The Death Cure cures finale for the Maze Runner films


Courtesy of IMDb

Official movie poster for Maze Runner: The Death Cure (2018).

Audrey Serrano, Features Editor

Caution: Spoilers ahead. Read at your own risk.

The looming presence of dystopian young adult novels are constant and have been present since the movie adaptation of The Hunger Games back in 2012. The Death Cure, though not entirely disappointing, sets the notion that not much is different from similar series.

Maze Runner: The Death Cure opened in cinemas Jan 26 as the last installment of the Maze Runner movie franchise. This adaptation of the third book in this beloved series from author James Dashner follows the suspense and action of Thomas, played by Dylan O’Brien, and his rag-tag group of friends, who call themselves “Gladers”, as they travel cross-country to rescue one of their own while narrowly avoiding zombies.

For those who have not read the books and only watched the movies, they might have been satisfied with the way The Death Cure was produced but for those who have, it might have been a bit disappointing considering the loose ends and major differences the previous films had.

The movie starts out with a Mad Max-like scene, with a car chase, ambushes, and sabotaging a train carrying precious cargo, i.e. “immune” teenagers. This directly follows up the way the previous movie, The Scorch Trials, ended, with Thomas vowing to rescue Minho, played by Ki Hong Lee, after being taken by W.C.K.D., or WICKED in the books, an organization that focused on finding a cure to the deadly virus by “harvesting” teenagers of the enzymes in their blood that make them immune.

In the film, the whole premise of The Death Cure was rescuing Minho and running from W.C.K.D. to avoid human experiments and just the morality of keeping teenagers barely-alive for the sole purpose of “the greater good”. Meanwhile, the book is more or less similar to the plot of the cinematic adaptation of The Scorch Trials and touches upon the restoration of the Gladers’ memories, which the movies did not touch upon at all.

The movie also adds extra concepts, like the complete exploding of the walled-in city that housed W.C.K.D. ’s headquarters by a bunch of revolutionists and revealing that the only actual cure can come from Thomas’ blood near the end. In addition to the general plot of the book and the movie completely straying far from each other, a major point to mention is how the cinematic medium decided to deal with one of the most dynamic, emotional scenes in the book: Newt’s death.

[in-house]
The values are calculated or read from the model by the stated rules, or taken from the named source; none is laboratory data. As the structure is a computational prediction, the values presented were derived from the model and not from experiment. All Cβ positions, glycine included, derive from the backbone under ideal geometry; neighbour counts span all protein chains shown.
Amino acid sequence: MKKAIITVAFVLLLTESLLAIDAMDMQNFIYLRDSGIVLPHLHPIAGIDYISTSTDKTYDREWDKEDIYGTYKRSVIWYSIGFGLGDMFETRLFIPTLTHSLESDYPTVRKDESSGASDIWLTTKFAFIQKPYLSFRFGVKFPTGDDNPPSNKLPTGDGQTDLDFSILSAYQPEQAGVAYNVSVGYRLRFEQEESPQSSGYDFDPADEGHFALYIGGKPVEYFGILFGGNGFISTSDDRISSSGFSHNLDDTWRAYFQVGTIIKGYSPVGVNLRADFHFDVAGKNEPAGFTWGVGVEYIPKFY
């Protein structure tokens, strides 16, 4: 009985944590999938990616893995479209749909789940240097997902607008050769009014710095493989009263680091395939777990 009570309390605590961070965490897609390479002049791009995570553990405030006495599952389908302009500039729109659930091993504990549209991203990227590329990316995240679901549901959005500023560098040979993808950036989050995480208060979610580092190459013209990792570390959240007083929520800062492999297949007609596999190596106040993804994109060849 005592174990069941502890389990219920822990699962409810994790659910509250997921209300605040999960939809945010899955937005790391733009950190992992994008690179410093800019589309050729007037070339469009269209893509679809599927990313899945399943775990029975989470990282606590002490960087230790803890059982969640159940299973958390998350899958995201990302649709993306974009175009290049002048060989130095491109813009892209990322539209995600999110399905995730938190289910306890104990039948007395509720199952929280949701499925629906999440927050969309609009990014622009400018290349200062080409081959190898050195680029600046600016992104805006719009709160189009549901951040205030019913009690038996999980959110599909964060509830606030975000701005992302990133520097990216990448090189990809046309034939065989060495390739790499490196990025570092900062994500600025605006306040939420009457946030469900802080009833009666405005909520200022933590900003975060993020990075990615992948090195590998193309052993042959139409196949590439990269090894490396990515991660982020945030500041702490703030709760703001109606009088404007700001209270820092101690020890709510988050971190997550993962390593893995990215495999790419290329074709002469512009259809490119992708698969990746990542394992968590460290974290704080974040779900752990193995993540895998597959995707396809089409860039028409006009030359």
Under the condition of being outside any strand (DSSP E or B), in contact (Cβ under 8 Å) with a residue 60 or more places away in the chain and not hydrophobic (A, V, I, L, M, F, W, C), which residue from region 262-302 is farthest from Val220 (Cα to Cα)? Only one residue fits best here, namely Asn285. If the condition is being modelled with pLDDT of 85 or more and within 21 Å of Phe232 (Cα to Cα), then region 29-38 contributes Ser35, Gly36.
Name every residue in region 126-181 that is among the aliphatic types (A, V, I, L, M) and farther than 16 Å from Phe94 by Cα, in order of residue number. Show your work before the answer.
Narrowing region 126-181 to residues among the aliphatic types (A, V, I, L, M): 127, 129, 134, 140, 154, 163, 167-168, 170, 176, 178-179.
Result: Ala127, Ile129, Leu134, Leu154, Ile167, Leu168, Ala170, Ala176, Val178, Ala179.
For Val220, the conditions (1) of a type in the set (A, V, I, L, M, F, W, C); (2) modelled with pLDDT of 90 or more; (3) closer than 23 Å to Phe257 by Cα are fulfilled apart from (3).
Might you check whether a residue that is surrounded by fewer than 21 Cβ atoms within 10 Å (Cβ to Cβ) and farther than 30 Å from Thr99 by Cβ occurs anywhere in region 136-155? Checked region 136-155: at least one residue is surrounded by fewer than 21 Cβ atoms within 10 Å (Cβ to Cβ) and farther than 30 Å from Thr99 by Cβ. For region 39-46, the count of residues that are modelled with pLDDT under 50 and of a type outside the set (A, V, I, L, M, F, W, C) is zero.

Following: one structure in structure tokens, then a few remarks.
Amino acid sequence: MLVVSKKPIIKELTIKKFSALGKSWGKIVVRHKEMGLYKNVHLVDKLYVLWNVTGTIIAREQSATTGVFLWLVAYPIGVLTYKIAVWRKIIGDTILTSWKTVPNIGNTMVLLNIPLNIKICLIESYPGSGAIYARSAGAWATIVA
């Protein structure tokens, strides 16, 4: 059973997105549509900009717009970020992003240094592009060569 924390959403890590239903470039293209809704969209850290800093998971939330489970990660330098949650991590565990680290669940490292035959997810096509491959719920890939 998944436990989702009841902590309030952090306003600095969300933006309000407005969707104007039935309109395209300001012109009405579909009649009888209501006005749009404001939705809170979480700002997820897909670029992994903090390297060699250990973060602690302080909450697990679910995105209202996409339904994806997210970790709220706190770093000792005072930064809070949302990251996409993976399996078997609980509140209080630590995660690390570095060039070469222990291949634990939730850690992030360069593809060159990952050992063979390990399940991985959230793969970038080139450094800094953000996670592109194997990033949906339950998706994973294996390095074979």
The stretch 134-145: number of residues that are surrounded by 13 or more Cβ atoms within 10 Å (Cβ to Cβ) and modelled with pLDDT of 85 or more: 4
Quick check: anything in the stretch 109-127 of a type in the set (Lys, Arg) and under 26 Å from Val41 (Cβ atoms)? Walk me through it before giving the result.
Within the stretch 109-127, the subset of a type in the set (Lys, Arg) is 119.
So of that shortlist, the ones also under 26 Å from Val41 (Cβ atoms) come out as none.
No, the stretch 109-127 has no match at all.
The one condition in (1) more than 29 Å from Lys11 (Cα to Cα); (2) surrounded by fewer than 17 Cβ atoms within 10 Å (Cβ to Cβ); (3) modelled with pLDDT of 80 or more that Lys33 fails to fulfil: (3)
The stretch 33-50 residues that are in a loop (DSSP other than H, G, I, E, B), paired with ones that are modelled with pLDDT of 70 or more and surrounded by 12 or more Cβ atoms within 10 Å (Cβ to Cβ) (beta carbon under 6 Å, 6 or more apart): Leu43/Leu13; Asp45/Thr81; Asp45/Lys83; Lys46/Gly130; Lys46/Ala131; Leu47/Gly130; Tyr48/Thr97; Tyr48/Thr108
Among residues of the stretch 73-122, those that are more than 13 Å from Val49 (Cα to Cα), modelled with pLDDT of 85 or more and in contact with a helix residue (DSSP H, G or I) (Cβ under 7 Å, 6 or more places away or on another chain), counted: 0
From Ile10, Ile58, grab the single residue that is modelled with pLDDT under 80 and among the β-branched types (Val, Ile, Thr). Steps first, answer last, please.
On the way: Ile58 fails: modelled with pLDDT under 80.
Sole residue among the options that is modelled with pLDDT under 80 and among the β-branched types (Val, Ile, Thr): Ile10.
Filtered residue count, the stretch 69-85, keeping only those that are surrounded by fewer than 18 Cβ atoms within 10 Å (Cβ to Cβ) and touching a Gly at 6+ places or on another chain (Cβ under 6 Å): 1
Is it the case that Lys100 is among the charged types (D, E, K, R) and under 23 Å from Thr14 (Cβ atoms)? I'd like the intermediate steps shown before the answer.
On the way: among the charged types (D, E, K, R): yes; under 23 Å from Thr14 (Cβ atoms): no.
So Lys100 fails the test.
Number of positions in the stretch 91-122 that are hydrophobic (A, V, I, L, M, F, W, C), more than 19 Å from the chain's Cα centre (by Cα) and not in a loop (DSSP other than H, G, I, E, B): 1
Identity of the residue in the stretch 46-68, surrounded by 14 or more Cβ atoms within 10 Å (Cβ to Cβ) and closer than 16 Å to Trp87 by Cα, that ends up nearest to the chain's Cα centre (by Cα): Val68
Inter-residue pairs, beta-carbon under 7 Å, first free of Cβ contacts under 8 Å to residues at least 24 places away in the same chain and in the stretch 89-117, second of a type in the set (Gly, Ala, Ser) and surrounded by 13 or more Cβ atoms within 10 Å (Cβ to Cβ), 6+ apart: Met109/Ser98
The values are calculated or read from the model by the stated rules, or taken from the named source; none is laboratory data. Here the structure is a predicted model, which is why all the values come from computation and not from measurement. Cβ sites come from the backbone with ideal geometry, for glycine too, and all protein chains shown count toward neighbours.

Newt, portrayed by Thomas Brodie-Sangster, is, besides from Minho, Thomas’ closest friend. Newt is more so the group’s level-headed member and provided Thomas with rational thinking as Thomas was more of the “jump in head first” kind of guy.

Both mediums followed the same promise of Newt being infected with the virus, unlike what they all thought, but differentiated in the execution- no pun intended.

Everyone already knew about Newt’s predicament from the beginning in the book and proceeded with caution in order to keep him alive as long as possible but it was Newt’s own decision to run off with the other infected beings, “Cranks”, to prevent the disease from spreading.

The film played this out by not revealing Newt’s infection until later in the film after a short outburst concerning sneaking into the W.C.K.D. headquarters. In addition to that, instead of taking safety precautions, the film followed Newt as he still went with the others to infiltrate the base.

His death, of course, was inevitable. The film still kept his memorable line, “Please, Tommy. Please,” but instead of a more efficient and quick emotion-inducing bullet to the head, his death scene dragged on to include a short kill-or-be-killed fight and ended with an accidental knife to the chest as Thomas tried to keep Newt as sane as he still could be for as long as possible, just in enough time to get the serum for the “cure” from Brenda, played by Rosa Salazar.

Though still dramatic and emotional cinematically, the essence of the scene in general was lost to the slow sequence of Thomas’ reluctance to take Newt out of his misery.

The ending, though perfect for the movie and the film franchise itself, was completely different. It was more close-ended than the book’s open-ended one, with the immunes and some others on a seemingly secluded island far away from where they originally were, the “safe haven” as they called it, where they start to rebuild society from scratch.

Without the background context of the books, the movies in itself were beautifully produced and the plotlines were interesting. The soundtrack fit well to add suspense and sentiment for those watching and the ending was enough for a perfect close to the series, but for those who had expectations from the young adult sci-fi novels, it was up to par at best and missed the whole plot indefinitely.

There is a lot more to say about this film and the lack of similarities there are between itself and its origins are disconcerting but all in all, The Death Cure was thoroughly enjoyable. With action sequences and anarchist-like devious planning by a bunch of stubborn teenagers portrayed by a well-picked cast, it certainly was a substantial film that fit the young adult, dystopian trope very well.